Britain will spend about 60 billion pounds ($67 billion) on subsidising gas and electricity bills for the next six months for households and businesses, Kwarteng revealed in his mini-Budget presentation.
"The estimated costs of our energy plans are particularly uncertain given volatile energy prices, but based on recent prices, the total cost of the energy package for the six months from October is expected to be around 60 billion pounds," he told parliament.
"We expect the cost to come down as we negotiate new, long term energy contracts with suppliers."
UK to offer lowest corporate tax in G20
Next year's planned rise in UK corporation tax will be cancelled, Kwarteng confirmed in his mini-Budget. "The UK's corporate tax rate will not rise to 25 per cent - it will remain at 19 per cent," he told the House of Commons on Friday
"We will have the lowest rate of corporation tax in the G20. This will plough almost 19 billion pounds a year back into the economy. That's 19 billion pounds for businesses to reinvest, create jobs, raise wages, or pay the dividends that support our pensions."
Kwarteng also vowed to permanently keep the annual investment allowance, which gives 100 per cent tax relief on investments in plant and machinery.
Kwarteng's package will contain more than 30 measures designed to stimulate growth, drive down inflation and accelerate infrastructure projects, the Treasury said in the statement. It includes plans to set up "investment zones" nationwide with targeted tax breaks and relaxed planning restrictions for business.
EU-inherited rules to change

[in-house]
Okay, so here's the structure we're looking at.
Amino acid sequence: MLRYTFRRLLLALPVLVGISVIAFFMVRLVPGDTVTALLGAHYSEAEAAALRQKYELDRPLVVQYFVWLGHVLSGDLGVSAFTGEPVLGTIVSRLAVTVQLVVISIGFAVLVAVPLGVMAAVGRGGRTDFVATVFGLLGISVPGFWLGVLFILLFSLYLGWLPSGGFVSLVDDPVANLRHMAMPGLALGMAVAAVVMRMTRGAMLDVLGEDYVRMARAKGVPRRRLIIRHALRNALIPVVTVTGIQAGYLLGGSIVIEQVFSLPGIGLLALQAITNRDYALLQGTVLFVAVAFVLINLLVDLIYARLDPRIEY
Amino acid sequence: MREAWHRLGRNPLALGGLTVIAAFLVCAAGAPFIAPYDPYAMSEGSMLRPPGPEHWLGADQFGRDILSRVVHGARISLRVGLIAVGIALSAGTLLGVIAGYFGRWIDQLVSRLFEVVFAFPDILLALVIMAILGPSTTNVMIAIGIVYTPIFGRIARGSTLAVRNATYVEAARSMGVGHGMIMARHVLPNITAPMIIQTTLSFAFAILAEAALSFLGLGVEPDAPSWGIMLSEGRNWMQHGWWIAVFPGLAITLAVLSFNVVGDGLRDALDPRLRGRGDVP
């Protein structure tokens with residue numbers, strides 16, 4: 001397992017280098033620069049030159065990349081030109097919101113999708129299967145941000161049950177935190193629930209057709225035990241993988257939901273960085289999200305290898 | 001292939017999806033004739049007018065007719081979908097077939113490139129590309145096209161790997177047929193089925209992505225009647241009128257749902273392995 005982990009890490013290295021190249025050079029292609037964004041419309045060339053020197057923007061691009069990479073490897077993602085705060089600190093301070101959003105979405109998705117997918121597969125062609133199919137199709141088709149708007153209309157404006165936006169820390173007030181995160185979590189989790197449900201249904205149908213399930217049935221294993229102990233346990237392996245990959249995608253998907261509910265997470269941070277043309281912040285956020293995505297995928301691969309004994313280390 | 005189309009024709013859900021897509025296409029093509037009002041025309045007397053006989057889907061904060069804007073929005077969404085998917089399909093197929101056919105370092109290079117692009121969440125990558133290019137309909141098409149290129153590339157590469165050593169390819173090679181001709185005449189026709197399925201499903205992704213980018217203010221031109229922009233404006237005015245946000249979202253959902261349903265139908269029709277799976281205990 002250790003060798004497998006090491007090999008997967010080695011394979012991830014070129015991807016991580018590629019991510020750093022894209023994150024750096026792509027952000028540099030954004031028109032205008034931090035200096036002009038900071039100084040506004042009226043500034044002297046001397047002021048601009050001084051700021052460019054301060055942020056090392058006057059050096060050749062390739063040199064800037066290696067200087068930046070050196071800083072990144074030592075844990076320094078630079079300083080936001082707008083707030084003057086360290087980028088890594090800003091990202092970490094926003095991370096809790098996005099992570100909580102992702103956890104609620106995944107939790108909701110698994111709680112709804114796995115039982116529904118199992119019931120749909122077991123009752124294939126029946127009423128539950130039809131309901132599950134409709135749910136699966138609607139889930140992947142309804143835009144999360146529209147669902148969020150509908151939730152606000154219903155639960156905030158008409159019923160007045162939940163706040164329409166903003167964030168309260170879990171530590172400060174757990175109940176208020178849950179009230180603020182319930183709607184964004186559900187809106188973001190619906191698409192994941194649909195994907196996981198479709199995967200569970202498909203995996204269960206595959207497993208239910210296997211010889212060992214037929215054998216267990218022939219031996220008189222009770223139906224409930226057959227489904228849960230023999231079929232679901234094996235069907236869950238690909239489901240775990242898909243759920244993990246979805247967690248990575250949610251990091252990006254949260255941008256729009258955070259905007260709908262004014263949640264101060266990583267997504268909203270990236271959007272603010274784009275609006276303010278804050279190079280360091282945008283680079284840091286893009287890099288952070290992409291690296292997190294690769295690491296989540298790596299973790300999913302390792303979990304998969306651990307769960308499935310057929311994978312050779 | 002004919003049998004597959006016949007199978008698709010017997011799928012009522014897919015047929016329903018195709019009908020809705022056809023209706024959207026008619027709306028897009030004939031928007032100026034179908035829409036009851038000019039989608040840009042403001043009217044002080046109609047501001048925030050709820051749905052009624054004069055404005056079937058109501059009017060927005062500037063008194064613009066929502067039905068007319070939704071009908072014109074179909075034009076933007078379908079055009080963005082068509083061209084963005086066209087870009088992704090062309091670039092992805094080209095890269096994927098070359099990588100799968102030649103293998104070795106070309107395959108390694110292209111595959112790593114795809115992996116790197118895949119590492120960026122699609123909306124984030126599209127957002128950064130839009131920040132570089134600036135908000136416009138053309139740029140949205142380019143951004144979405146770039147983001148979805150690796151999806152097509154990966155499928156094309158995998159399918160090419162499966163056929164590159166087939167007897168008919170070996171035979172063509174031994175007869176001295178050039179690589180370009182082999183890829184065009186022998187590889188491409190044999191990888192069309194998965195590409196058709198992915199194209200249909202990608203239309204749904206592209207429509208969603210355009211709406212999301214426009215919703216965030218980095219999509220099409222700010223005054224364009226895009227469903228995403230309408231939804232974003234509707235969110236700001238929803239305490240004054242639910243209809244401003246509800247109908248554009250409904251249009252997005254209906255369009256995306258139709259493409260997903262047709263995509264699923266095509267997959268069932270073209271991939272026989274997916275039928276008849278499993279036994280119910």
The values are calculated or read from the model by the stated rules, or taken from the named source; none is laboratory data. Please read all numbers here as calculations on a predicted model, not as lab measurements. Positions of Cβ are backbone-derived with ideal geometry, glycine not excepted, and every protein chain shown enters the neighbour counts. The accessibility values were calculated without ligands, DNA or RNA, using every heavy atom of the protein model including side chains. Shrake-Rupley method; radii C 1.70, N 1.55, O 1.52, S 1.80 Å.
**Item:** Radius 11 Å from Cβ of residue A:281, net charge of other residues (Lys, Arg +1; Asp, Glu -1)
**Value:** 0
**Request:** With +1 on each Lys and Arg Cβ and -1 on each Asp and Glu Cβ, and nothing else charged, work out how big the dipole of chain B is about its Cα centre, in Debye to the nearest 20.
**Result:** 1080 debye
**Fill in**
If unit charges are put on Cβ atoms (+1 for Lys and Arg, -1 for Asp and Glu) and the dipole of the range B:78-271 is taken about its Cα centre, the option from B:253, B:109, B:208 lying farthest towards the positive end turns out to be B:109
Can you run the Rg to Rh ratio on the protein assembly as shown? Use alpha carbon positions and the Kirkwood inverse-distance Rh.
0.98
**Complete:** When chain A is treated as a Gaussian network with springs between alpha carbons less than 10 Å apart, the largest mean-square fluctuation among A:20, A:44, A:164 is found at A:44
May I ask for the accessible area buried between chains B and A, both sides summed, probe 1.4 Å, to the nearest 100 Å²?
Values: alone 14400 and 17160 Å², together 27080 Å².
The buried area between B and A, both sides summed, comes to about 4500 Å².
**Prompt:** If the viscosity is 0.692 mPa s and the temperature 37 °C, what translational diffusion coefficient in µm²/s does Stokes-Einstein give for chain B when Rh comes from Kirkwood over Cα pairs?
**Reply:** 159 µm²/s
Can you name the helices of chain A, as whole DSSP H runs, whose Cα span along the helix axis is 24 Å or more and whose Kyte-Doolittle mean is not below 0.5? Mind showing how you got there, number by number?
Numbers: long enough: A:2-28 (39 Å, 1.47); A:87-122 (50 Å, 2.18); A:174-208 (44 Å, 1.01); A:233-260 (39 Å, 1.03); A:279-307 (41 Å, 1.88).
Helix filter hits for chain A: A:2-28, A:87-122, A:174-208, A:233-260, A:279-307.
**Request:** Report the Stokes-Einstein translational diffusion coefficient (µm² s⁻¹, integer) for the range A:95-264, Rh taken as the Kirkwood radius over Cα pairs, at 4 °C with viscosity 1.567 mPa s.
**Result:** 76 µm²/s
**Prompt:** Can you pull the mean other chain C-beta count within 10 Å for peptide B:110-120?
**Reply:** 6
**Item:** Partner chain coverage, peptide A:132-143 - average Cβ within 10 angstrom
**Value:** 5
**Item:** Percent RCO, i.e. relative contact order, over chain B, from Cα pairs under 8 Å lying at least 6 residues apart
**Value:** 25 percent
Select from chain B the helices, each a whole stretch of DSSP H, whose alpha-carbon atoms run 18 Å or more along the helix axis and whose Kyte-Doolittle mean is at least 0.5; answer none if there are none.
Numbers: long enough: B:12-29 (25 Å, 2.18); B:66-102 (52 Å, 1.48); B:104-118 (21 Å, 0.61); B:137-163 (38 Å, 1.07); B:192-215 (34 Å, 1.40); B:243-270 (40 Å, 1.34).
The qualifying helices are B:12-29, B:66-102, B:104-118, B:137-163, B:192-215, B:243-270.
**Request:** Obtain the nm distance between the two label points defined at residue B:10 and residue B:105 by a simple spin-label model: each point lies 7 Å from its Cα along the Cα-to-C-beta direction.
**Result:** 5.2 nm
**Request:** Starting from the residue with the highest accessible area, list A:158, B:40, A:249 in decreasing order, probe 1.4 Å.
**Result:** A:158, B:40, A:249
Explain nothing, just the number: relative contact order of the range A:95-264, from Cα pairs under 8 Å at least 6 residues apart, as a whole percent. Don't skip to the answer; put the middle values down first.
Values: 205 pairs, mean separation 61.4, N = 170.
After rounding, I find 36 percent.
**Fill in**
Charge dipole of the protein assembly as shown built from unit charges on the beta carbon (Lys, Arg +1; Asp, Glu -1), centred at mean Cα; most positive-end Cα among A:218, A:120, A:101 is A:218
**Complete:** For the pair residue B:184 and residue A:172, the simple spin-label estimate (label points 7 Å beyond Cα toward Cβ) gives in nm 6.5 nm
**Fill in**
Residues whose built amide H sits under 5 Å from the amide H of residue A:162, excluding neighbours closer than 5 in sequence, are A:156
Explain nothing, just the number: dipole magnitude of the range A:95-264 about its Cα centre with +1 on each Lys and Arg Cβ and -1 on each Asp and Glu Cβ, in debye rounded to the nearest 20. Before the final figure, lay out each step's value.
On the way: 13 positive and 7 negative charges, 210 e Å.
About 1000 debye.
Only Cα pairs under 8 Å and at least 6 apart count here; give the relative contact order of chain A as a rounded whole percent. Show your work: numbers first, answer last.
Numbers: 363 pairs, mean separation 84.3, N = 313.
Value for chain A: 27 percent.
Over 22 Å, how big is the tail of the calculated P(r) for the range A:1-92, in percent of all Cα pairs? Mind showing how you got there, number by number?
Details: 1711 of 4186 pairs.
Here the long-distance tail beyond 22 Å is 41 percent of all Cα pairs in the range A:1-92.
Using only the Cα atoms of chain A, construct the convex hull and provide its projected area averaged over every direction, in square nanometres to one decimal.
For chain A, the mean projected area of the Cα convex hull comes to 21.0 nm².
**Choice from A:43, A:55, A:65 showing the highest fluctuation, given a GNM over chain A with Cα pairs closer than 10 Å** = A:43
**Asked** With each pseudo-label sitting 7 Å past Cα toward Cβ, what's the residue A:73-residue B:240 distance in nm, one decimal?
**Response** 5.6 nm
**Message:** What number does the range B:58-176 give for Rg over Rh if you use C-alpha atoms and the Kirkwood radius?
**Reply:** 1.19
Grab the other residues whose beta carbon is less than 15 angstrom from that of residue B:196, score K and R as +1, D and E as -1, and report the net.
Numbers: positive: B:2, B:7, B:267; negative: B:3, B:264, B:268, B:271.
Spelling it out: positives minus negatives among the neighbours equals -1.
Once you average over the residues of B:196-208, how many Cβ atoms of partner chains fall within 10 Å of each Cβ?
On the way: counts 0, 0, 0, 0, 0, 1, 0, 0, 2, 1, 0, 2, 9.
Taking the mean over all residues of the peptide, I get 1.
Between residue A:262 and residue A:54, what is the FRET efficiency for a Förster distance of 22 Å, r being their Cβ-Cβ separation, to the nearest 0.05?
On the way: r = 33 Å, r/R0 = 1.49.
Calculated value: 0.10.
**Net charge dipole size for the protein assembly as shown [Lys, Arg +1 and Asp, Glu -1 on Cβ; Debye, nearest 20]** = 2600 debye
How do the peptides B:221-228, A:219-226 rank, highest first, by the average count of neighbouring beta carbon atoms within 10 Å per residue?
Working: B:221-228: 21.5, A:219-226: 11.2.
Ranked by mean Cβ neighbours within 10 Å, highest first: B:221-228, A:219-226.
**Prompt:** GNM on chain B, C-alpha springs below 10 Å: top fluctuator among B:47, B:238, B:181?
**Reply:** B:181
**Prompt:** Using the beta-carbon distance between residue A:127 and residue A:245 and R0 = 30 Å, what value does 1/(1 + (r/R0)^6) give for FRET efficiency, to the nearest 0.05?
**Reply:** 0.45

Britain will accelerate moves to bolster the City of London's competitiveness as a global financial centre by scrapping the cap on banker bonuses ahead of an "ambitious deregulatory" package later in the year, Kwarteng said.
The cap limits bonuses to twice a banker's basic salary, with shareholder approval, and was introduced in the European Union to curb excessive risk-taking after taxpayers had to bail out lenders in the global financial crisis. The move was already flagged, triggering anger as Britain faces a cost of living crisis, forcing the government to spend billions to help households pay their energy bills.
Britain and the Bank of England have always opposed the cap, introduced in 2014, saying it simply bumps up basic pay. "We need global banks to create jobs here, invest here and pay taxes here in London, not in Paris, not in Frankfurt and not in New York," Kwarteng told parliament.
"All the bonus cap did was to push up the basic salary to bankers or drive activity outside Europe, it never capped total remunerations... As a consequence of this ... we are going to get rid of it."
Banks and finance recruiters have said scrapping the bonus cap would likely take time to have an effect - as many bankers' had their fixed pay lifted in recent years to make up for constrained bonuses. The banking industry had been prioritising other demands to boost competitiveness, including scrapping government levies on bank profits.
Kwarteng said the financial services sector will be at the heart of the government's programme to drive growth in the economy. "To reaffirm the UK's status as the world's financial services centre, I will set out an ambitious package of regulatory reforms later in the autumn," he added.
"Our entire focus is on making Britain more globally competitive - not losing out to our competitors abroad."
"Growth is not as high as it needs to be ... We need a new approach for a new era, focused on growth. Our aim, over the medium term, is to reach a trend rate of growth of 2.5 per cent," Kwarteng added.